According to studies, the initial slaves were brought in chains to the America in the year 1619. Nevertheless, these blacks only gained their independence after slavery was abolished by the Thirteen Amendment subsequent to the civil wars (ENotes.com 2012). Nonetheless, these newly freed blacks were greatly illiterate in addition to their bereft of property or money; besides, inequality and racism were widespread, especially in the South. In this location, slavery is evidenced to have prevailed for a long time. The state and federal governments, on the other hand, took measure of assimilating the blacks to the white community by implementing various democratic reforms in a period referred to as the Reconstruction Era (1865-1875). In addition to this, the Fourteenth Amendments assured the black Americans federally protected equivalent rights whilst the Fifteenth Amendment gave the blacks the rights of voting (ENotes.com 2012).
In spite of these various measures put in place with an aim of safeguarding, the novel found rights of the former slaves, the benefits of the reconstruction era only lasted for a short time. In an environment that was filled with intense southern white dominion, most applied various means, aiming at preventing the former slaves from benefiting from being a citizen. For example, some intimidated and harassed the blacks, which made them entirely disenfranchised (Beito & Beito 2009, pp. 72-89). In addition to this, some racist groups employed more traumatic techniques, such as the execution amongst other types of violence, with an aim of tarrying and brutalizing blacks who sought to exercise their guaranteed rights.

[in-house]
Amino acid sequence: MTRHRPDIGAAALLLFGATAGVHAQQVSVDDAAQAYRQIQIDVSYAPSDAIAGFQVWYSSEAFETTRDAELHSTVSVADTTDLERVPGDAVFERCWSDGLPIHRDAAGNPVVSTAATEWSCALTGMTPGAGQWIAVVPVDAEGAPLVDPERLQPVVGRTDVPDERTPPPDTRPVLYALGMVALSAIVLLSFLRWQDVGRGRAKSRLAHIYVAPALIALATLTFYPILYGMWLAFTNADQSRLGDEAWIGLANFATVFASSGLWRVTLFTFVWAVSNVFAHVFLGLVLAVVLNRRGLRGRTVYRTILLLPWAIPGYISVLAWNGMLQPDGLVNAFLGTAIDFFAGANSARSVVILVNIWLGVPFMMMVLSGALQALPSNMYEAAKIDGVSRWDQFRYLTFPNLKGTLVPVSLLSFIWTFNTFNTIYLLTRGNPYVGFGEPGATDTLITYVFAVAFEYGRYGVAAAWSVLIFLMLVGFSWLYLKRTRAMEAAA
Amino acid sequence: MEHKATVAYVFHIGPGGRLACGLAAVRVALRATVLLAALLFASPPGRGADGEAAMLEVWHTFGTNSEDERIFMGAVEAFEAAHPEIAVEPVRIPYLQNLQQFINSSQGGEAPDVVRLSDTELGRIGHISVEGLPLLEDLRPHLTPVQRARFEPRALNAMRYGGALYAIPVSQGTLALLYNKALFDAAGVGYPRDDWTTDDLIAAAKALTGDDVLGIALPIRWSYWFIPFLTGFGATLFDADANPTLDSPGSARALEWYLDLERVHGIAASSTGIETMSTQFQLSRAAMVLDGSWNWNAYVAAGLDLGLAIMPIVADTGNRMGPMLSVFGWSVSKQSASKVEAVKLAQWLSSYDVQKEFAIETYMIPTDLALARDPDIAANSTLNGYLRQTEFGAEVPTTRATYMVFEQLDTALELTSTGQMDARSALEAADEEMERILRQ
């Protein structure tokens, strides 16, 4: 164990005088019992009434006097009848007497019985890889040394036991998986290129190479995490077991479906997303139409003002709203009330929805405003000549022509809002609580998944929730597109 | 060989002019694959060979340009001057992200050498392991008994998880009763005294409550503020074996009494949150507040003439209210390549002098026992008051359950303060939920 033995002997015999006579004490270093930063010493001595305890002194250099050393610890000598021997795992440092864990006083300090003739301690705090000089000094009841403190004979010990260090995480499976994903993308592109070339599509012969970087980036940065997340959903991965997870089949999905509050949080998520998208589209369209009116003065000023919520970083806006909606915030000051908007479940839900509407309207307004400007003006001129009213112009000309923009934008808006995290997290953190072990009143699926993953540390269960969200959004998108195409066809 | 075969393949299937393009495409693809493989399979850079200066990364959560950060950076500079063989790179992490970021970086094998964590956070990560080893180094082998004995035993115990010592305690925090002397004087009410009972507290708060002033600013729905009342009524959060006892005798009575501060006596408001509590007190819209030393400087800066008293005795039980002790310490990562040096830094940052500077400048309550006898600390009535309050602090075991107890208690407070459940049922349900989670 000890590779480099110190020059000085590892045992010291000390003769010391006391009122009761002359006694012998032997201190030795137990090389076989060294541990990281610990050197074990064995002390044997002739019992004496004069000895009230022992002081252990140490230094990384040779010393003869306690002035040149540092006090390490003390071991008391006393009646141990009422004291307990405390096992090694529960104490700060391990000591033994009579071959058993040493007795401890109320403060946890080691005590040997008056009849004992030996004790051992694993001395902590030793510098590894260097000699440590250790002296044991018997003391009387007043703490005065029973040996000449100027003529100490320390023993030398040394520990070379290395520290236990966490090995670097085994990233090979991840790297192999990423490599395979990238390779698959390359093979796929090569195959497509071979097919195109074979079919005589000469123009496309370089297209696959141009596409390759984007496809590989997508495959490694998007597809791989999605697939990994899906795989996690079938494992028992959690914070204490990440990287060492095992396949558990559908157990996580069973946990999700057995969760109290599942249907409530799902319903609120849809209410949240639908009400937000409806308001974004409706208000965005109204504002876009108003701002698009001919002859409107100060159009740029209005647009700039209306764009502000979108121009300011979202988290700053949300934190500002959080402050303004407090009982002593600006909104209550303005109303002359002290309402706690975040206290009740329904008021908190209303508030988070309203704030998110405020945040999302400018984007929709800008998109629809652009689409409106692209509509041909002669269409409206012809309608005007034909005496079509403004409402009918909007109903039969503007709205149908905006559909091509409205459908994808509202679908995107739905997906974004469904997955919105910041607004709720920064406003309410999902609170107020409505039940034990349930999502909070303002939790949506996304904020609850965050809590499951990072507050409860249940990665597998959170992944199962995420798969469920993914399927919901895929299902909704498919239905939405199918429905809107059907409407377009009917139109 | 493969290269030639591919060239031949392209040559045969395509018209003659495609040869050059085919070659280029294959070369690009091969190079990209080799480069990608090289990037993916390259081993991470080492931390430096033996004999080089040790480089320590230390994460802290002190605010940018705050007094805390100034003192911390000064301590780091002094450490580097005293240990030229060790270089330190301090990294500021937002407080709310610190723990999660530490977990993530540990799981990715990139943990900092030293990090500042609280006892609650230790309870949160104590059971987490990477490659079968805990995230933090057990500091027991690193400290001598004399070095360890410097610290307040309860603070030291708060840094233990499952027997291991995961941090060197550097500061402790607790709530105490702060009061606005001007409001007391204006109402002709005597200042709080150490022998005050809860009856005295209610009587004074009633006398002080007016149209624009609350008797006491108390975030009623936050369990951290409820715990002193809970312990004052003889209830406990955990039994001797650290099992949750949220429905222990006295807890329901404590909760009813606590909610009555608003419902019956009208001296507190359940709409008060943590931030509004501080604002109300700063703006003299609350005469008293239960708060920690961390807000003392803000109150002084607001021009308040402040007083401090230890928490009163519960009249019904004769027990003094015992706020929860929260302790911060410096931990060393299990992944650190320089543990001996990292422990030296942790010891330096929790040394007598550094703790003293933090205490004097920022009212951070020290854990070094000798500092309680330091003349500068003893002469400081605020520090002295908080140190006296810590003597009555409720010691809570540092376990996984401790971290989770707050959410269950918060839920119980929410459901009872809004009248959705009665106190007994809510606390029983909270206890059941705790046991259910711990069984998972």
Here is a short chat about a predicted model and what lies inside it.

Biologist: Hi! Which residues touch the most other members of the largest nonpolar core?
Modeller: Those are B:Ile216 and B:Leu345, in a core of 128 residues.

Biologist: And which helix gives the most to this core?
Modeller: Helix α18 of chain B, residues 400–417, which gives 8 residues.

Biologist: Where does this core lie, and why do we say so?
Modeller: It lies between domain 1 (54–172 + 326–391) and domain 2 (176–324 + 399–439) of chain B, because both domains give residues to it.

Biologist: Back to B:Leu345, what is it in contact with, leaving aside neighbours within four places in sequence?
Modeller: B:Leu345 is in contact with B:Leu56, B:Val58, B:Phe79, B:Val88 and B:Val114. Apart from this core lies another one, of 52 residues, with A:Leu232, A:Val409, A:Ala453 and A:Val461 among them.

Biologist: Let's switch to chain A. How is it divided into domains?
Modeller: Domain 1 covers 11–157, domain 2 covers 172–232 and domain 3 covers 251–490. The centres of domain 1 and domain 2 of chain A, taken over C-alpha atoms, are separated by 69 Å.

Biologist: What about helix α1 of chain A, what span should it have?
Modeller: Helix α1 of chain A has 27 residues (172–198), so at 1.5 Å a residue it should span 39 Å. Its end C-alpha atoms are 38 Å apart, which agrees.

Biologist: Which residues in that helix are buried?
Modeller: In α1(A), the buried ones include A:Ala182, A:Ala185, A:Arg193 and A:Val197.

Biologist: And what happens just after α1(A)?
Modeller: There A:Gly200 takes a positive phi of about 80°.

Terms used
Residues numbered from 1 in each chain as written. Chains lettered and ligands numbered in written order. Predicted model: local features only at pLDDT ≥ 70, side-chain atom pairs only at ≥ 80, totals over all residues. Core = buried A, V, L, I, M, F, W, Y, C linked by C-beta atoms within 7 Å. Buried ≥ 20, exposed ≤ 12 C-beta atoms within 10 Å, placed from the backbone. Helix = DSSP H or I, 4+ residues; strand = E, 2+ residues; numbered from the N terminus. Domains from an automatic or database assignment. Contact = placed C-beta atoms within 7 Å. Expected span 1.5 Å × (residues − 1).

With the increased guarantees offered by the constitution in the Thirteenth, Fourteenth, and Fifteenth amendments, the Supreme Court came up with a ruling to the struggle of the blacks to be given their rights. In 1896, the Supreme Court, in a case ruling, declared that the whites and blacks could be lawfully alienated on condition that the facilities offered to every party are the same (Ewers 2004, p.4). However, in spite of the court ruling, the facilities offered to whites and blacks were never at any time equal. Most significantly, ‘the separate although equal’ dogma of the Supreme Court, by lawfully supporting separation, offered the white community a powerful instrument of making certain that the blacks did not enjoy any rights of citizenship, even the basic ones (Ewers 2004, p.4). The fact that the Supreme Court reinforced the separation practices of the South, the setting of the white racism brought about southern laws and customs, which kept drinking fountains, parks, restaurants, streetcars, and theaters amongst other public places strictly separated (Ewers 2004, p.4). In response to these laws, various leaders in the black society started debating on political strategies they would use in order to fight racial inequality and injustice. W.E.B Du Bois, a fiery intellectual, was one of the main figures of the civil rights movements who encouraged the blacks to fight for their equal rights. Besides, Du Bois was one of the figures who led to the establishment of the National Association for the Advancement of Colored People (NAACP) (Ewers 2004, p.4). This was an organization aimed at fighting for civil rights and it drew together activists, educators, and lawyers to jointly fight for the civil rights of the black people. Through legal reaction, agitation, and lobbying, the National Association for the Advancement of Colored People persisted to hold campaign aimed at ending segregation in education and housing amongst other public areas.